Representative Paul Ryan was a guest at a gathering of the American Council on Capital Formation this week. Apparently, he spoke at length on a number of topics. Two of the better analysts around these days attended and offered their take on his positions.
Ryan Avent was, shall we say, not taken by Mr. Ryan:
I’VE just gotten back from a breakfast event this morning sponsored by the American Council for Capital Formation. The guest of honour was Paul Ryan, chairman of the House budget committee and leading Republican policy wonk. Mr Ryan has received a great deal of attention for his ambitious plans to address America’s long-term budget and health system difficulties, and he is now a central figure in ongoing debates over the debt ceiling. But less well known are his views on current macroeconomic policy. And that’s unfortunate, because they’re terrible.
Clive Crook seems to have a different view:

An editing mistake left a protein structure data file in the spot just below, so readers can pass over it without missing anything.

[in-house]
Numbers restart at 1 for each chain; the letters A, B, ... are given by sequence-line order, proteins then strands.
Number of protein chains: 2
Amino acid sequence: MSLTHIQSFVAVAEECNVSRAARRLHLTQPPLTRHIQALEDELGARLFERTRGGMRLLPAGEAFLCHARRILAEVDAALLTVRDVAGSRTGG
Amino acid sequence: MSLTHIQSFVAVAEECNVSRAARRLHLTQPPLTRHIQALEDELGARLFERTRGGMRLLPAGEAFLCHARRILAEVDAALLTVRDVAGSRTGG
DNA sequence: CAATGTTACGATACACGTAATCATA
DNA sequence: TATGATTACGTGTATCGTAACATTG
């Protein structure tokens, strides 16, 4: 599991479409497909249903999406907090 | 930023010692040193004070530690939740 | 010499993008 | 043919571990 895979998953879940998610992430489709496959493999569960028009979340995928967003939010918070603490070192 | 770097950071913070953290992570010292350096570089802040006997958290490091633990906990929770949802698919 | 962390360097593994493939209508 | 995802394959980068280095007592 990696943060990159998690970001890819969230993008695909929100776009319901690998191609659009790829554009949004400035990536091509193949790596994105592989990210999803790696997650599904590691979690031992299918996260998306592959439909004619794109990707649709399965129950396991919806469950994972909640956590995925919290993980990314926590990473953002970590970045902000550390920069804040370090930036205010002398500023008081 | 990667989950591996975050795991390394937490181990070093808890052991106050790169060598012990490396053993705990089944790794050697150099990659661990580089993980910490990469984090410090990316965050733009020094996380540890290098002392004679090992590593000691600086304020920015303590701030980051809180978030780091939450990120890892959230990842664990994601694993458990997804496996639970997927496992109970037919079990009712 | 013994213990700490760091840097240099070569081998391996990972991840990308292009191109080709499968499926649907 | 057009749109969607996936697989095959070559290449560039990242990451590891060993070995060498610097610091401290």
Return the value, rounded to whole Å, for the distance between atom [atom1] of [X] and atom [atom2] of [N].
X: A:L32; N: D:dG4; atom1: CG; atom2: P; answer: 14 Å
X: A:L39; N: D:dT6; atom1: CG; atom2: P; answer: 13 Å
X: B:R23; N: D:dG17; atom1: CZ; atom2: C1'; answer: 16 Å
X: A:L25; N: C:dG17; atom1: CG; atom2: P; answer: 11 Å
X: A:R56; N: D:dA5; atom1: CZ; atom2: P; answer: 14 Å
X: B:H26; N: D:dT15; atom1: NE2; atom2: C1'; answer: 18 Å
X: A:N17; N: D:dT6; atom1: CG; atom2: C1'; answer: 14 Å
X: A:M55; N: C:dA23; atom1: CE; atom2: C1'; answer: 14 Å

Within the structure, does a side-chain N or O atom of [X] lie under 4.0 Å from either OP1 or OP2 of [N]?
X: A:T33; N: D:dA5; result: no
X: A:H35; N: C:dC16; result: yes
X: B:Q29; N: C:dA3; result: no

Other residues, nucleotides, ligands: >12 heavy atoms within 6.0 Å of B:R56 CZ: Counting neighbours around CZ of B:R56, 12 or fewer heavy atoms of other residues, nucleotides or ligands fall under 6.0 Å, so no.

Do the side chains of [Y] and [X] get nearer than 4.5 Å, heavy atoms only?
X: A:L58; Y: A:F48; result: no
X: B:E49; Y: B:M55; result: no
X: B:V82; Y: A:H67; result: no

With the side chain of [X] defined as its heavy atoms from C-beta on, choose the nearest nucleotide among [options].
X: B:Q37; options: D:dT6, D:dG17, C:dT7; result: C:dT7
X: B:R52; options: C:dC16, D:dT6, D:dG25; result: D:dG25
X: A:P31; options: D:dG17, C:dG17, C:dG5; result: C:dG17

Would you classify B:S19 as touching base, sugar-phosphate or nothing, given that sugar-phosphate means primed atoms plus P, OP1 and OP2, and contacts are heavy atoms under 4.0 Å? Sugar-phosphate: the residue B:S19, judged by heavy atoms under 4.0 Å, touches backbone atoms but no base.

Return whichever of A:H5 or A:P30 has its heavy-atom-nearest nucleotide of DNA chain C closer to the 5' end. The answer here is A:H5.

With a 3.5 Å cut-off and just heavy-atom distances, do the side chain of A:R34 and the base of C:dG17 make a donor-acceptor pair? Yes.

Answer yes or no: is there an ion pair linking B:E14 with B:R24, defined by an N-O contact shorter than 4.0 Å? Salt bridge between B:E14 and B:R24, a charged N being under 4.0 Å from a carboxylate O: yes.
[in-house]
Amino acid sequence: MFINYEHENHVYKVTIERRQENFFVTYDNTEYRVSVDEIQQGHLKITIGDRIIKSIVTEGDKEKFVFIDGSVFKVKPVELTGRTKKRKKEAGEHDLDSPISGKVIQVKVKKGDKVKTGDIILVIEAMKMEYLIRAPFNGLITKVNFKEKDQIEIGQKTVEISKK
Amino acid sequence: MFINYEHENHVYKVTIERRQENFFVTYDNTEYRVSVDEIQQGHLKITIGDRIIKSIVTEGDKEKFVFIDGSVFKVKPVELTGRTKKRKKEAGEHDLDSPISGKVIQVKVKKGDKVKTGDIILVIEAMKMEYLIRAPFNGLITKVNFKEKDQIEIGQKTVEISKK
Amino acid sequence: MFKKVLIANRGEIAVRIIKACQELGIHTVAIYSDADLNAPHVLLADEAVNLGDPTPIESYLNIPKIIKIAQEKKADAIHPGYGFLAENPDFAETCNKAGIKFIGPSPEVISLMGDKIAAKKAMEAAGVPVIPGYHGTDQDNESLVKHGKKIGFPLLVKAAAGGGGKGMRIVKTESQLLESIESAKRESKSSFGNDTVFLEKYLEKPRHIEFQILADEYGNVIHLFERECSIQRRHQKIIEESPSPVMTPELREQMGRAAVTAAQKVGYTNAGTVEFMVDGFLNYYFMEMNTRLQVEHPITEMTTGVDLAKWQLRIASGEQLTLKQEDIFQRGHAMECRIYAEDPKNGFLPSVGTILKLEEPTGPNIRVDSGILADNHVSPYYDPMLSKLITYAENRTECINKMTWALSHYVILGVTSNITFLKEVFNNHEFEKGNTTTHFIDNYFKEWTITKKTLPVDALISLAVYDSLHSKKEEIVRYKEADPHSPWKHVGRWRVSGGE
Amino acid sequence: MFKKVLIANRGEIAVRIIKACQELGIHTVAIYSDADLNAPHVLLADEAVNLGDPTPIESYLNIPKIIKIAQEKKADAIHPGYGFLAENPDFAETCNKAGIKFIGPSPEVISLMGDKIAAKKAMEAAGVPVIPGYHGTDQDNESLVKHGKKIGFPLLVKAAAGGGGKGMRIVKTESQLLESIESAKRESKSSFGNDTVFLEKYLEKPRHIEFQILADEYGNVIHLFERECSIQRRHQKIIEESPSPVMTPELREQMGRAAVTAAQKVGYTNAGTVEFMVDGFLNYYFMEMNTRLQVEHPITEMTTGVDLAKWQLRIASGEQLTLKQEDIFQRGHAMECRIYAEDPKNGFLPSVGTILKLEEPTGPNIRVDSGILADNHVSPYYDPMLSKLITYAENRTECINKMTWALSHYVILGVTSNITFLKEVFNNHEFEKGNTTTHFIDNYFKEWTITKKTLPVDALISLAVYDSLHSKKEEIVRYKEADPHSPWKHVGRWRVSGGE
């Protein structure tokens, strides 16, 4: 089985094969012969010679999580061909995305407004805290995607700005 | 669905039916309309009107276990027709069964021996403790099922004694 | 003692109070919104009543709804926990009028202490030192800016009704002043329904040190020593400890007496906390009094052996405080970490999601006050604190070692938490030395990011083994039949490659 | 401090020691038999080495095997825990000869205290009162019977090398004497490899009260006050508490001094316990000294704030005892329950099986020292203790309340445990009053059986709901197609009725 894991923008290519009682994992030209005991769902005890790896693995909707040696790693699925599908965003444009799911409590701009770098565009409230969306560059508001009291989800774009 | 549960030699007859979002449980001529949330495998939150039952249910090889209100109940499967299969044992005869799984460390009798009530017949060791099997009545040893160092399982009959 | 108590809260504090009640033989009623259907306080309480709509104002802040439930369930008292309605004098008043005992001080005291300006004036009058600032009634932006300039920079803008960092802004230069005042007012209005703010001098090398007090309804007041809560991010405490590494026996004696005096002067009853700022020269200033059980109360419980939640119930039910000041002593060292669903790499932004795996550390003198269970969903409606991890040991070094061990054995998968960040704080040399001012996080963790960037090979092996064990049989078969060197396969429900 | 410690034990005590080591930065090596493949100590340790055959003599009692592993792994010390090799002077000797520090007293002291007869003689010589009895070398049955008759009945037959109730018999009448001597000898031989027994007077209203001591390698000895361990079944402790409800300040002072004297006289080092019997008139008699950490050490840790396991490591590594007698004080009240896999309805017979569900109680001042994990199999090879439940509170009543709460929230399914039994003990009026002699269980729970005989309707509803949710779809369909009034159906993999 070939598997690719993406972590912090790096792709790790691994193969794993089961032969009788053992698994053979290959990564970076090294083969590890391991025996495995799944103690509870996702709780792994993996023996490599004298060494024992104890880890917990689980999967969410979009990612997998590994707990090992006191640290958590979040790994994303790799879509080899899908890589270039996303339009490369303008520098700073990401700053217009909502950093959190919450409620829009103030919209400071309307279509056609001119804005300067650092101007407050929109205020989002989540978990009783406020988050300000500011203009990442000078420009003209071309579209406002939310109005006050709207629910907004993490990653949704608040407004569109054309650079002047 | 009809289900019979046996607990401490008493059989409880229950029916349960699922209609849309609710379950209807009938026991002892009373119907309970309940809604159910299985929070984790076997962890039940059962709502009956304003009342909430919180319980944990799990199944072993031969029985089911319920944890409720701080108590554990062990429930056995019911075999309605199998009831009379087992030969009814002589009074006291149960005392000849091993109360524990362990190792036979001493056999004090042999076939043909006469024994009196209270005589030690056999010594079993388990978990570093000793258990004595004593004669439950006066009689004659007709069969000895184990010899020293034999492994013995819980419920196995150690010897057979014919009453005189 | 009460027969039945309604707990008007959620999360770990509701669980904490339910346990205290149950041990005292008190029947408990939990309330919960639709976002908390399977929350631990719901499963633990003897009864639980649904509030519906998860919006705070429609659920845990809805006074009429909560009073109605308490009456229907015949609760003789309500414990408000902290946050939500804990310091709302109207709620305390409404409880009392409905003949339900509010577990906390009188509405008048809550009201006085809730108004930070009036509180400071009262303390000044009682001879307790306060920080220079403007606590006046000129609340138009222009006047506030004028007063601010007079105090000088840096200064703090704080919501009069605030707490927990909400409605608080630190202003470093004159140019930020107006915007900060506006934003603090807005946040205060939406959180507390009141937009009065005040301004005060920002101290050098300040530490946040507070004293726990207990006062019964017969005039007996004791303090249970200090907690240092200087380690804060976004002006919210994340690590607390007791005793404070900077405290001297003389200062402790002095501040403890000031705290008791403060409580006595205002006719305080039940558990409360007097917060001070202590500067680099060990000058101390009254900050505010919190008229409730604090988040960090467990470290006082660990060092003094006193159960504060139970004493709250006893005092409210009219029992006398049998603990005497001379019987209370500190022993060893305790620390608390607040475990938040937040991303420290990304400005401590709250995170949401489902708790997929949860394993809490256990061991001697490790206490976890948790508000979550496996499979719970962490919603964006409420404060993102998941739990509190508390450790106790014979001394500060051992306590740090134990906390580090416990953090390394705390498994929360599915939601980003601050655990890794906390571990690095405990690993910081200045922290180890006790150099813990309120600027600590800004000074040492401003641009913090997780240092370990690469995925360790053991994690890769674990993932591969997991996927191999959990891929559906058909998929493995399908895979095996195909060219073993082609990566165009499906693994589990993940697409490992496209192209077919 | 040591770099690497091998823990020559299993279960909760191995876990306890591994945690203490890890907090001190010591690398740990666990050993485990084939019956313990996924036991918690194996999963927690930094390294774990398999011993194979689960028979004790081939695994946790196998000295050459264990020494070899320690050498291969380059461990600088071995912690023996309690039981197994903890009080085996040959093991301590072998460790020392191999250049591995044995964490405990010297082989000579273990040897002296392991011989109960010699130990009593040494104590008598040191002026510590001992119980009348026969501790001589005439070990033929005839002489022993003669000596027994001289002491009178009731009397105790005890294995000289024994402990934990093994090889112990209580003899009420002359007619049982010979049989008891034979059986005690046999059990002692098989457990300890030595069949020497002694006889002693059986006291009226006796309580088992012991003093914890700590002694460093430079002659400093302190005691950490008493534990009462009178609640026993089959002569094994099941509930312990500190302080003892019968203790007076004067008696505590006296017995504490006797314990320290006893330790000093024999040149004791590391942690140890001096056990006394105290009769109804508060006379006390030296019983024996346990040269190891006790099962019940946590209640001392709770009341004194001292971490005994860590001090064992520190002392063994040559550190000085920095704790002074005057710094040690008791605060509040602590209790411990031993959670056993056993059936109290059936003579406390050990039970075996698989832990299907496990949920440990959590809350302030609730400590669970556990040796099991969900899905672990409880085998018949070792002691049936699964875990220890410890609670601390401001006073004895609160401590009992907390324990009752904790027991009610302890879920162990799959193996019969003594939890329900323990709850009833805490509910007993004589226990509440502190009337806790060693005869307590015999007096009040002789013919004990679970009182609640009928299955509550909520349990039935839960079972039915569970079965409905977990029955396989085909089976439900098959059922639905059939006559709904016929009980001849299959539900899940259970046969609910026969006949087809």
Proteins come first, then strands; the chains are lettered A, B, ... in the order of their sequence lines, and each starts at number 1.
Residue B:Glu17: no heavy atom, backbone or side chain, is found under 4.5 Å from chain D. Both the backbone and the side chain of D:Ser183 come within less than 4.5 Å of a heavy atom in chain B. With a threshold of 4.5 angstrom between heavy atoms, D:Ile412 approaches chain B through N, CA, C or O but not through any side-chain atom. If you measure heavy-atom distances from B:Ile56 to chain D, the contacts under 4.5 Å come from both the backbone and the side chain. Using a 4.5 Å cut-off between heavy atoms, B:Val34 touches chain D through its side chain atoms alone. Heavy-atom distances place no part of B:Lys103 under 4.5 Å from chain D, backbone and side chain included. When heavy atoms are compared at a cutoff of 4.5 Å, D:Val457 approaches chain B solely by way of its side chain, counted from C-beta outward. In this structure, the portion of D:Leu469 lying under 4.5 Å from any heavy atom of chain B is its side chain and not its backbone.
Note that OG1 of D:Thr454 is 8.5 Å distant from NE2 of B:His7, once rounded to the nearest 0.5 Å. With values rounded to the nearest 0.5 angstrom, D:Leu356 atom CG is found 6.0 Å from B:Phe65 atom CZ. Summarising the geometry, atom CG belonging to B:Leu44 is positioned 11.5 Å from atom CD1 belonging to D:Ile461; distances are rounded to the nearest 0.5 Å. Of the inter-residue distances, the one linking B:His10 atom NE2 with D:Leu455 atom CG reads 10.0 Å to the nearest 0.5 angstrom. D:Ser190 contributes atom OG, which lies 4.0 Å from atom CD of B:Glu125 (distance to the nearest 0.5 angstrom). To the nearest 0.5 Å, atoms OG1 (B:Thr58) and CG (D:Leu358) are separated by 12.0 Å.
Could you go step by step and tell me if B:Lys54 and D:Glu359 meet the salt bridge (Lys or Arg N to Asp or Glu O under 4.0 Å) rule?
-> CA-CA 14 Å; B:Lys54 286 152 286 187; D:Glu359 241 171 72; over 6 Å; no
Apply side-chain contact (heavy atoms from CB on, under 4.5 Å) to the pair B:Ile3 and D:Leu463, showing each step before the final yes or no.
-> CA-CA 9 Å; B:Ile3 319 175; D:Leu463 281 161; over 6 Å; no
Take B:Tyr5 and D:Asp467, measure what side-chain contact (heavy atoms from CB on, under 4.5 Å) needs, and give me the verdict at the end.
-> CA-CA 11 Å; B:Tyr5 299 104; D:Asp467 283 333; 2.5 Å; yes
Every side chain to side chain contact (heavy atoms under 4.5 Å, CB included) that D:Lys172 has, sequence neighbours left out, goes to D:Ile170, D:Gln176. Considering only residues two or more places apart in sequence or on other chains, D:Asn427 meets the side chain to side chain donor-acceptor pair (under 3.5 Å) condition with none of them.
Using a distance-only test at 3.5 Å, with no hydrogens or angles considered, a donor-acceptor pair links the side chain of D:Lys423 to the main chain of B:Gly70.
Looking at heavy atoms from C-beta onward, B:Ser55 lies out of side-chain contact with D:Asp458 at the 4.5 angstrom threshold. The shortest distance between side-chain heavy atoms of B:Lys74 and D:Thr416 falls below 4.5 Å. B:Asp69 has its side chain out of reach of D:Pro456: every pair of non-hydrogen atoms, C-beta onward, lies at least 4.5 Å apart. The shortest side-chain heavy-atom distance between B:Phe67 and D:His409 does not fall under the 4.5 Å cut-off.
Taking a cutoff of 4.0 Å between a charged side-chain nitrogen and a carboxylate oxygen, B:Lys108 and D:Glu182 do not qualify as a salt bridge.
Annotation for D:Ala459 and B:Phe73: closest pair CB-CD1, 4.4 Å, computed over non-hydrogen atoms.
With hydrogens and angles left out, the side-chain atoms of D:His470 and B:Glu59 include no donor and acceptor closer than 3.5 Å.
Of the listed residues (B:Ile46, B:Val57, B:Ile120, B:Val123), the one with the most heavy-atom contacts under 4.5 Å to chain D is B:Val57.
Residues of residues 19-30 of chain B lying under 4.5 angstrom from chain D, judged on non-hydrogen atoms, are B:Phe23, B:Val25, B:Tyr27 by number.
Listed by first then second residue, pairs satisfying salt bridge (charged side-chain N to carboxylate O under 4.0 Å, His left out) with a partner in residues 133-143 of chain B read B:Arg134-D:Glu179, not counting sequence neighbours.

As a paid-up Bowles-Simpson subscriber and advocate of compromise, I do not like Ryan’s “Path to Prosperity”. But I always find him impressive. He has thought hard about the issues, and he is a formidable politician. His manner is excellent: serious, sincere, self-deprecating, down-to-earth. His views have substance, and ought to be met with substance. Democrats would be fools to ignore him, or to try answering him with disdain or mockery (as some do). If that is the turn the fight in the country takes on Ryan’s ideas, then (sanctity of Medicare notwithstanding) I can see him winning.
Make of this what you will.